The government is finalising a £120m funding package to help secure a Chinese takeover of British Steel that would safeguard tens of thousands of jobs in and around new Conservative constituencies.

Sky News has learnt that Andrea Leadsom, the business secretary, and Nadhim Zahawi, the business minister who has driven government efforts to find a buyer for the insolvent company, met executives from Jingye Group on Wednesday.

A source close to Jingye described the meeting as “productive” and said that a package of Regional Growth Fund support worth approximately £120m had been among the principal items on the agenda.

The government is expected to agree to the request for RGF funding in the coming weeks.

Last weekend, Jingye, which is based in China’s northern Hebei province, dismissed as “completely incorrect” reports that its takeover of British Steel was on the verge of collapse.

The Scunthorpe-based company employs about 4,000 people at its large steelworks in north Lincolnshire, as well as at sites on Teesside and elsewhere in northern England.

The Tories’ victory in last week’s general election turned substantial parts of Labour’s ‘red wall’ across northern England blue for the first time in generations – and in some cases, for the first time since the seats were created.

More from Business

Among the Labour constituencies which returned a Tory MP for the first time in decades was Scunthorpe.

Some industry observers have questioned whether Jingye will be able to overcome capital controls in China in order to fund the takeover of British Steel.

The entrance to the steelworks plant in Scunthorpe
Image: The entrance to the steelworks plant in Scunthorpe

A further potential obstacle has emerged in the form of a French government veto over the sale of British Steel’s Hayange plant, which is supposed to be part of the deal agreed between the Official Receiver and Jingye last month.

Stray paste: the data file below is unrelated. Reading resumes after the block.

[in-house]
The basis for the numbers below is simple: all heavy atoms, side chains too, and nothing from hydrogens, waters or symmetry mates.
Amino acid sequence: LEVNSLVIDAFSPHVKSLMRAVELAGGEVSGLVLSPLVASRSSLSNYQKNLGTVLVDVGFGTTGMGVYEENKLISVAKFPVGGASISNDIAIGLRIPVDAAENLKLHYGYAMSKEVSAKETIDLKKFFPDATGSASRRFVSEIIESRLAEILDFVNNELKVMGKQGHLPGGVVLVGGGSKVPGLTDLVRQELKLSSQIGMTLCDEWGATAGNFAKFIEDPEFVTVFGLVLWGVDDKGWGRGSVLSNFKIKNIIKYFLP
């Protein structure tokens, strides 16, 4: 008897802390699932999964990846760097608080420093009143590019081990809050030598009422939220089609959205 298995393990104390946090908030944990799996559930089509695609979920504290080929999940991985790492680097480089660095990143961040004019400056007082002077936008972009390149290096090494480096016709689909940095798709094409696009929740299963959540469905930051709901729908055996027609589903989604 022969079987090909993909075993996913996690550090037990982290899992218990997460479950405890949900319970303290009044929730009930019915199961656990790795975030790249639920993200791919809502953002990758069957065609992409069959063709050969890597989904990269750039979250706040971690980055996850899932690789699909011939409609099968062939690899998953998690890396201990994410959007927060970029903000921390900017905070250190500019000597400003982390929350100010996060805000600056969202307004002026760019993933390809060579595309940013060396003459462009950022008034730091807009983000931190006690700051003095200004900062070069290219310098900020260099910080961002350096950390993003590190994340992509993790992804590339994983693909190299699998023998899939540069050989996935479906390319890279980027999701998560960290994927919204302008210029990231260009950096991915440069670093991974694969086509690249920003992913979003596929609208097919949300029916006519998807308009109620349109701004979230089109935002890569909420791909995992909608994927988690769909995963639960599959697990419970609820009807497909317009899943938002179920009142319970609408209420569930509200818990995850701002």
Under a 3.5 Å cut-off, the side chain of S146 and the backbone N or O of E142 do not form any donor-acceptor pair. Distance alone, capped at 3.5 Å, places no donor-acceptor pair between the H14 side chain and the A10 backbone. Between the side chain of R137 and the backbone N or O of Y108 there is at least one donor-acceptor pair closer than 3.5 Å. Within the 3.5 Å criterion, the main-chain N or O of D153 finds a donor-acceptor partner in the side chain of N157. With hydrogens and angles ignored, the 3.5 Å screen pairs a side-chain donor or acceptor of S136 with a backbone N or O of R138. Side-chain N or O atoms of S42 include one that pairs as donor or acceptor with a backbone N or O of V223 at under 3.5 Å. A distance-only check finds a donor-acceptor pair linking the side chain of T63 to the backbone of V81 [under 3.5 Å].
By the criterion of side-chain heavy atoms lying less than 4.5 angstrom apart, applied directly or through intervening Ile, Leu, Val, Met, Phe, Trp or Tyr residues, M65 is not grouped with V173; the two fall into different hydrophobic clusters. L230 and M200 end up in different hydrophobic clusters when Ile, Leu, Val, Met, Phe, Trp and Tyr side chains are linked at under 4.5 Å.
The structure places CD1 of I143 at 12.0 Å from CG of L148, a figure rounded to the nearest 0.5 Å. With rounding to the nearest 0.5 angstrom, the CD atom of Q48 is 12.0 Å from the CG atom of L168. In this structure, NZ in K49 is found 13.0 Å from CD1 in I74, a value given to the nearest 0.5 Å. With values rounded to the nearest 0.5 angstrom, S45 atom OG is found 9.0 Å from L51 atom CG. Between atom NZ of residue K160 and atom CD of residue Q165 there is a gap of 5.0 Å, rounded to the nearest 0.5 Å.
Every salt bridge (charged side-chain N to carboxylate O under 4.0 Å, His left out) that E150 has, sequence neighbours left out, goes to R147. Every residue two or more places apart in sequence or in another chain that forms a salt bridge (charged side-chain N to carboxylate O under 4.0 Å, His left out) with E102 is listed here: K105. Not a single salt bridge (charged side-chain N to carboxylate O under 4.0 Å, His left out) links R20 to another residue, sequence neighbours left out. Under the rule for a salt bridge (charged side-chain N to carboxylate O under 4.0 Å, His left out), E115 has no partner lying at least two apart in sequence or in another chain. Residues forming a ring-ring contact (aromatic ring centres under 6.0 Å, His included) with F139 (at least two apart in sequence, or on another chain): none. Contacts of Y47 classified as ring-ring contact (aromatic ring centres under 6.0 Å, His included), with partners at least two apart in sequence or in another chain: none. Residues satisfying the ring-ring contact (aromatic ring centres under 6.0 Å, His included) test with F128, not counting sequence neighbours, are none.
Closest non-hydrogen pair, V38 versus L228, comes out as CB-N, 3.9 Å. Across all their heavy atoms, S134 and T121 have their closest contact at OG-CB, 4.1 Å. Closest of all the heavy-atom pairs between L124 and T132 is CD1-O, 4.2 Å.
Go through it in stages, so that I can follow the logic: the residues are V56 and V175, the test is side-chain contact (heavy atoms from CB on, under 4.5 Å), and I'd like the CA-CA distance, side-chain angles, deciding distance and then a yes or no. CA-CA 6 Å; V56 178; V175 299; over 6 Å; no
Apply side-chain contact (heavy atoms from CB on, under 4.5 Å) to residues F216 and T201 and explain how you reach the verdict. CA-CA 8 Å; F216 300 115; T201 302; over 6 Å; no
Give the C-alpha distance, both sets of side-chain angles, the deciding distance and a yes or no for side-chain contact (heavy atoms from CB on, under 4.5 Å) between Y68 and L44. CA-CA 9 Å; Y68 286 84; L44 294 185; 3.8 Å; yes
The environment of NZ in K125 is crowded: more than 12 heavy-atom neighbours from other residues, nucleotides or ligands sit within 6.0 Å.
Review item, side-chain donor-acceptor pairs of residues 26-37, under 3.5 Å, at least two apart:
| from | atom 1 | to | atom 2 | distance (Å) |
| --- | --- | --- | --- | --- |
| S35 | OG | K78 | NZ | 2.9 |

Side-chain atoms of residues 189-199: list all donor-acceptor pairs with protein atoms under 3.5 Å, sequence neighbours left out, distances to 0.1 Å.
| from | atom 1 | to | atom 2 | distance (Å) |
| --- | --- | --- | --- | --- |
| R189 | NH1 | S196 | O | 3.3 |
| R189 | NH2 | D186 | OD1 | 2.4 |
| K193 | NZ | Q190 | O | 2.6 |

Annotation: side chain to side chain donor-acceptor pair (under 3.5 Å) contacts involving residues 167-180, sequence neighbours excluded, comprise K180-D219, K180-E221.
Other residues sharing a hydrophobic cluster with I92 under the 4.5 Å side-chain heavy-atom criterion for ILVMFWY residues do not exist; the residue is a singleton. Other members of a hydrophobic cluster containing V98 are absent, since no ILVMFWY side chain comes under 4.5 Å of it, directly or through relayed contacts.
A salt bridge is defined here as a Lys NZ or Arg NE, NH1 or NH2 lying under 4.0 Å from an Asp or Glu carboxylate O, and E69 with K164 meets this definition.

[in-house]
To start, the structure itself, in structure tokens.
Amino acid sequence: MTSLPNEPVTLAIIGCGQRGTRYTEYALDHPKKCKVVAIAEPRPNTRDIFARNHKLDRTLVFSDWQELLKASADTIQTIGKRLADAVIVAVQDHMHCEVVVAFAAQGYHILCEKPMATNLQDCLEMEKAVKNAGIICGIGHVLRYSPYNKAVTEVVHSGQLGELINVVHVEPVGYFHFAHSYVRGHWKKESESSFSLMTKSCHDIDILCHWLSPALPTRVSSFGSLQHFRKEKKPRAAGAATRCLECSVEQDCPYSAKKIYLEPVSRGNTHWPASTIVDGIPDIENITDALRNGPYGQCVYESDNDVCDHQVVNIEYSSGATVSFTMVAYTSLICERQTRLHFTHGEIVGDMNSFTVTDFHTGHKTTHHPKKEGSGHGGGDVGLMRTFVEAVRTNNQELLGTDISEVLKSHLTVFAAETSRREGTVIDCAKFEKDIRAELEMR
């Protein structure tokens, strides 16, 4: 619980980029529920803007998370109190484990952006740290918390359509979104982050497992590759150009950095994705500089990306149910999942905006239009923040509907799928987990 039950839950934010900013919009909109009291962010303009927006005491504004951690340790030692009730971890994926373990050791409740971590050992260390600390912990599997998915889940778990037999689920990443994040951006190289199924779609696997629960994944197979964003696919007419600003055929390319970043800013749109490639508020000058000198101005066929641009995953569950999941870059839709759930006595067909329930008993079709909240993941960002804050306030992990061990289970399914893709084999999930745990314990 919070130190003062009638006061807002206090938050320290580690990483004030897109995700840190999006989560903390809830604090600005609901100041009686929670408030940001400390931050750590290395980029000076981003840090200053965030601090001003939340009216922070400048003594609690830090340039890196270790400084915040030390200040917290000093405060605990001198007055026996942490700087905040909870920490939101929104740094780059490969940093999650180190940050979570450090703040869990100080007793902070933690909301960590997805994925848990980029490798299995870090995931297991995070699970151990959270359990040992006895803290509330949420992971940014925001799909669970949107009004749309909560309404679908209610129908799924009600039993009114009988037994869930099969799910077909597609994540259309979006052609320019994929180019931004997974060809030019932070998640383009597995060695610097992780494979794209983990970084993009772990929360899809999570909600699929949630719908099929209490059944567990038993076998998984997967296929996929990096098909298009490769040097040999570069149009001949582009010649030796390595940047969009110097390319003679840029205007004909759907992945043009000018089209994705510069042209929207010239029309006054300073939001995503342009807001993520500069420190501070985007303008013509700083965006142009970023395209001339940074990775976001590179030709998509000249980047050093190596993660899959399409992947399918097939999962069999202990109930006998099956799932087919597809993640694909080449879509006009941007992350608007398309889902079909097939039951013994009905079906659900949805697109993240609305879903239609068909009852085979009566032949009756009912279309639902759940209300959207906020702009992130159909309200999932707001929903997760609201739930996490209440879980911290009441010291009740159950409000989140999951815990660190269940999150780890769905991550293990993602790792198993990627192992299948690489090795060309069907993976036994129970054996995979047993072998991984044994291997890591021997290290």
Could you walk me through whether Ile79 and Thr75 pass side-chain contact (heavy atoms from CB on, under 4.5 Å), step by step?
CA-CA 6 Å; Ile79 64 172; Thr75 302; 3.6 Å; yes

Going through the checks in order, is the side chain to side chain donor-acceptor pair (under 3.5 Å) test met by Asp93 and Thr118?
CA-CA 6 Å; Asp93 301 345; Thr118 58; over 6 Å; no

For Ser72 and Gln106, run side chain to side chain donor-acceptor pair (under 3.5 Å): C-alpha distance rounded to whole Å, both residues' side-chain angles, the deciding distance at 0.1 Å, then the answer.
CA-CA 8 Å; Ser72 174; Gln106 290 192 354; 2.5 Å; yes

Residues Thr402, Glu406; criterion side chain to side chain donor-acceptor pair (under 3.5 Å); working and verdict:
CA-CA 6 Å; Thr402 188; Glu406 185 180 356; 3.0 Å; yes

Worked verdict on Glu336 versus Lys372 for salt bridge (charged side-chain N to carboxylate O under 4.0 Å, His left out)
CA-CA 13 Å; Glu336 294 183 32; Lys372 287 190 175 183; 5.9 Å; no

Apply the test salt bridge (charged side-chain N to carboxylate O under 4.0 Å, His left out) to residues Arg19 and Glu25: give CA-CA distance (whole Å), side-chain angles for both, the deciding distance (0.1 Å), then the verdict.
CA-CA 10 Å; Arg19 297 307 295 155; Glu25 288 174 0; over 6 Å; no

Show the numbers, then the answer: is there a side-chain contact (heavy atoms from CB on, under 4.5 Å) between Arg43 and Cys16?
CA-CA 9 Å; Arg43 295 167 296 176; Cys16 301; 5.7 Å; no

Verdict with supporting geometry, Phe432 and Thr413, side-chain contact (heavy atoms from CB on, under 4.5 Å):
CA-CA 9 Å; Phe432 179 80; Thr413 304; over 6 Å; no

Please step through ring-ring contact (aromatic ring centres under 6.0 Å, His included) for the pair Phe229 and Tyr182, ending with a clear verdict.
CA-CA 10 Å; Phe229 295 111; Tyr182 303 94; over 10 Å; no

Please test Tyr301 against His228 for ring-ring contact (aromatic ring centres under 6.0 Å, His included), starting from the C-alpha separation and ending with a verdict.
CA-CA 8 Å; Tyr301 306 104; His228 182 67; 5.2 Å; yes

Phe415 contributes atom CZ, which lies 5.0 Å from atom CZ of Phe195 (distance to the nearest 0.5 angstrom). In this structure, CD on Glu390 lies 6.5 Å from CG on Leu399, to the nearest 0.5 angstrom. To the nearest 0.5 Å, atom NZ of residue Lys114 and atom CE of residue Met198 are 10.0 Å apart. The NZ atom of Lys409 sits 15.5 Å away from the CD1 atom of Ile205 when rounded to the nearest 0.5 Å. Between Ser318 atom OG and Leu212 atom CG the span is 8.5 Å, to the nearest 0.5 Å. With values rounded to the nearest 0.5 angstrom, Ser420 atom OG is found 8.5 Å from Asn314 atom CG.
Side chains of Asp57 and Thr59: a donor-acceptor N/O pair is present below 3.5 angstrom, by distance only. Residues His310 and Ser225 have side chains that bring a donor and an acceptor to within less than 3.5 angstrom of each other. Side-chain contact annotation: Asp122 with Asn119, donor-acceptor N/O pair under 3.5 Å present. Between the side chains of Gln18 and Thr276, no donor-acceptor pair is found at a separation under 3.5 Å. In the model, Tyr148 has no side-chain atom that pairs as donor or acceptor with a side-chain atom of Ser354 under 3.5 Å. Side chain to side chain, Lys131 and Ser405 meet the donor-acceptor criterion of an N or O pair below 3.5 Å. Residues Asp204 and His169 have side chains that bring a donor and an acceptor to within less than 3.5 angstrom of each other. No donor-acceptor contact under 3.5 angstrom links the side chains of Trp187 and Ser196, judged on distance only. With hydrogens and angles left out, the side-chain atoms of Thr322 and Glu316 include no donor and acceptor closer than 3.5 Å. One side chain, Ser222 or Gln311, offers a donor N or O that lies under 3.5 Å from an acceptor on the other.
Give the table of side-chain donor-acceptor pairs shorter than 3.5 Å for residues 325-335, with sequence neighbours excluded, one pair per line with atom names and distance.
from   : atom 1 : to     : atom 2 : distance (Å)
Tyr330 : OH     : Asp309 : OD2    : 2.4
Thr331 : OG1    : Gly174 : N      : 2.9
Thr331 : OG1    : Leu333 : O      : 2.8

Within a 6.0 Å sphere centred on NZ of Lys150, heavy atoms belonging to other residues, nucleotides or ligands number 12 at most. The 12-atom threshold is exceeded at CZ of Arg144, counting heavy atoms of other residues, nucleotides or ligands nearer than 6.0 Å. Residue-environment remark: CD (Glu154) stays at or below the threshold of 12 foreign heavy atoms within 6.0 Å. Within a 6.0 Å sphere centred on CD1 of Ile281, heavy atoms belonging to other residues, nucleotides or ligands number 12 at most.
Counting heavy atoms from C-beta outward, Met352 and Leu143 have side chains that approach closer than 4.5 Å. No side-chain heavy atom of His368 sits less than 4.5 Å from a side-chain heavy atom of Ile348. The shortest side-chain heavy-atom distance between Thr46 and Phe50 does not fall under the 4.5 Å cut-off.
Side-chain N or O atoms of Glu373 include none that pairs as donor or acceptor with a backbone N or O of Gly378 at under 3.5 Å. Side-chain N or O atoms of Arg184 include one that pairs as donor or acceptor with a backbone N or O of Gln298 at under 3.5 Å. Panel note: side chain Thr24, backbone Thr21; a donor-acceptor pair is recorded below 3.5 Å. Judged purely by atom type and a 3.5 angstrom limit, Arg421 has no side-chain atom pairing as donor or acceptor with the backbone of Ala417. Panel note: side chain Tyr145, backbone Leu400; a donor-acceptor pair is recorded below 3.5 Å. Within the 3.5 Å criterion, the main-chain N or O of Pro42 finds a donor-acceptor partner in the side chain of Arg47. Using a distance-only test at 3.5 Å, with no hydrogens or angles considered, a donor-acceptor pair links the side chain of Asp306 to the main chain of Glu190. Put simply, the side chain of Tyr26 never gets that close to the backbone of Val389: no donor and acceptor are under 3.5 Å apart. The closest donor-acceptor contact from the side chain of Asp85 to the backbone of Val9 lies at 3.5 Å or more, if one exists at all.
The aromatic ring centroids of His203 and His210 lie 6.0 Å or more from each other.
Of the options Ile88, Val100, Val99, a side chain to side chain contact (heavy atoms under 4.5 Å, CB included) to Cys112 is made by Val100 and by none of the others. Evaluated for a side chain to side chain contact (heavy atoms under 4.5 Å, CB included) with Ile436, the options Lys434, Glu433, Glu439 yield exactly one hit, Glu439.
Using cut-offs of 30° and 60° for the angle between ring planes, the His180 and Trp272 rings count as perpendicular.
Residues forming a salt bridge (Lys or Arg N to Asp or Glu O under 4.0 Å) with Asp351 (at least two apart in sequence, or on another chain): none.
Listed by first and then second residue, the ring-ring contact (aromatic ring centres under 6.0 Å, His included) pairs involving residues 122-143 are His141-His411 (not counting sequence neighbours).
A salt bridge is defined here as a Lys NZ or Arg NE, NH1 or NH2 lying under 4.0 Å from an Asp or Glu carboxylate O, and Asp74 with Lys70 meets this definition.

The fate of more than 4,000 British Steel workers, and of up to 20,000 additional jobs in its supply chain, rest on securing the company’s future.

Jingye’s revived appetite to acquire British Steel came after a period of exclusive negotiations with Ataer Holding, a Turkish company connected to the country’s armed forces pension scheme, failed to result in a deal.

The Chinese company has pledged to invest £1.2bn in British Steel during the next decade.

If approved, the £120m package of support from the RGF for Jingye’s purchase would be smaller than the sum sought by Ataer during its talks with the government.

People close to the process said that Jingye was committed to securing backing that complied with the government’s state aid obligations.

A rescue of British Steel would be viewed as an important sign of the government’s commitment to steel manufacturing in the UK, which has slumped in recent decades.

The company, which was previously a subsidiary of the Indian conglomerate Tata, has flirted with insolvency on previous occasions as the economics of steel production in the UK have become less attractive.

Loss-making British Steel fell into insolvency in May after the government decided against providing £30m to the company under its then-owner, Greybull Capital.

That came just weeks after Greg Clark, Ms Leadsom’s predecessor, agreed to provide an emergency £120m loan to cover the cost of an EU carbon credits scheme for industrial polluters.

A spokesperson for the Department for Business, Energy and Industrial Strategy said on Thursday: “The government continues to work with the Official Receiver and Jingye on the next stage of the sales process.”

Jingye which is headquartered in the country’s industrial heartland, also operates in the chemicals, hospitality and real estate sectors.

It employs more than 23,000 people and boasted sales of roughly £10bn last year.

Jingye declined to comment.